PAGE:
For several weeks at this time of year, we are bombarded with suggestions for and announcements of Mother’s Day celebrations for women around the globe.
But not everyone is celebrating.
My mother, who passed away nine years ago this month, just before Mother’s Day in the UK, was my world. She was not only my mother but also my best friend, my travel buddy, my confidante and so much more besides. To me, every day was Mother’s Day. Clearing out the house after her death, we found love notes I’d written her as a child, something I did regularly. Even then, I didn’t need to know it was Mothers Day to send her letters and homemade cards telling her I loved her, that she was the best mum in the world, that I was sorry for being naughty. And I never noticed Mother’s Day so much while she was alive as when she was no longer here.
There are always landmarks and milestones in bereavement – the first Christmas, the first birthday, the anniversary of her death. Others don’t know the significance of those dates, so they can be marked quietly. But Mothers Day returns with a vengeance year in, year out, dividing everyone into those who are celebrating and those who are crying.
With more countries than ever now hyping up the day as a commercial opportunity, Mother’s Day is a ‘notification’ I cannot switch off. ‘Take mum for brunch, to the spa, tell her you love her, take her away’. As a journalist, the marketing emails are relentless.
The thing is, you never get over losing a mother. There will always be the times you wish you still had her to help you through so many challenges: the break-up, the illness, the redundancy, the loss of a baby, the years when your husband is suffering from debilitating cancer treatment. During times like those, a loving mother’s consolation is the only medicine that does any good. The list of times you need your mother is endless.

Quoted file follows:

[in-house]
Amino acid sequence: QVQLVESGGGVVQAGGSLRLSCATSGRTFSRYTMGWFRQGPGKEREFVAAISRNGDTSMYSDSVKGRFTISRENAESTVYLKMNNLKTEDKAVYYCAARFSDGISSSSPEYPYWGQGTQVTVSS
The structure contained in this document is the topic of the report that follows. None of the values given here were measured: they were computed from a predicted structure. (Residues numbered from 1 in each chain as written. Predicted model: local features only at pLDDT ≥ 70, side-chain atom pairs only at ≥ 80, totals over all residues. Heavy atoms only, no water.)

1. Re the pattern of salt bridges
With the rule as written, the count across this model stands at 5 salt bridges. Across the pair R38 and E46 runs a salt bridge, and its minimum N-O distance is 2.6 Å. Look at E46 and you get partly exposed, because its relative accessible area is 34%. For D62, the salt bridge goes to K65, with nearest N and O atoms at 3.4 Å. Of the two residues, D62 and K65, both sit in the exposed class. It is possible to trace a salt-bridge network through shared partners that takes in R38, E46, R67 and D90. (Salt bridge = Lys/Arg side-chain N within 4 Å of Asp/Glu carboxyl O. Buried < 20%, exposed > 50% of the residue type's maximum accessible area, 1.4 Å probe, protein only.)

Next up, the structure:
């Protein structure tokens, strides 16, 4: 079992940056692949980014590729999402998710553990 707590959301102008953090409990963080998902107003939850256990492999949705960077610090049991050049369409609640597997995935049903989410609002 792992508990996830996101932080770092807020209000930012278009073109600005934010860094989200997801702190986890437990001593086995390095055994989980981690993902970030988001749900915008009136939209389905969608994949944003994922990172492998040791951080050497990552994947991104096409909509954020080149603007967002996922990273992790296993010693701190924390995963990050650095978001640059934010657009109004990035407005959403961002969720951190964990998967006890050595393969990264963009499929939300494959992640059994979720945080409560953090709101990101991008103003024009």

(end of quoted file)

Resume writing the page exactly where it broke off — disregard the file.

If you’ve lost your own mum and are struggling with the succession of days designated for honoring her in different parts of the world, you will always feel like an orphan. Losing a parent does that to you. What I would like more than anything, more than Mothers Day, is to tell every young child to cherish and love this woman while she’s alive, to not wait until Mothers Day to show her you see and appreciate her.
And I would love for everyone who has lost their mother to feel the small sense of peace that comes from knowing you spent all the precious time together that you could.
Now 41, I’m still unmarried with no children. My thoughts of one day being a mother myself were always formulated around my own mother being by my side. The greatest sign of spiritual evolution is to be happy for those who have what you don’t, but it will never be easy to see others with their mother at pivotal times in our lives.
Not a day goes by when I don’t include gratitude for my parents and my grandmother in my prayers, for what they gave me, physically, materially, emotionally. Even in her death I constantly aspire to be more like my mum, who was a compassionate, patient and easy-going angel.
So let’s remember there are many for whom this holiday hurts: the women who cannot conceive, the women who long to become a mother but who haven’t met a partner, the women fighting their way through the adoption process, for those who have suffered the loss of a pregnancy or a child. May every day be Mothers Day, Fathers Day, loved-ones and friends day.
Mother’s Day in the UAE is March 21, Mothering Sunday in UK is March 22 and in North America, May 10.
Melanie has been practicing yoga for 11 years and teaching for nearly six. She discovered the practice at a time when work life-balance was at its lowest, living a busy life in London working for national newspapers. She teaches at Fairmont The Palm and Zen Yoga Dubai Media City.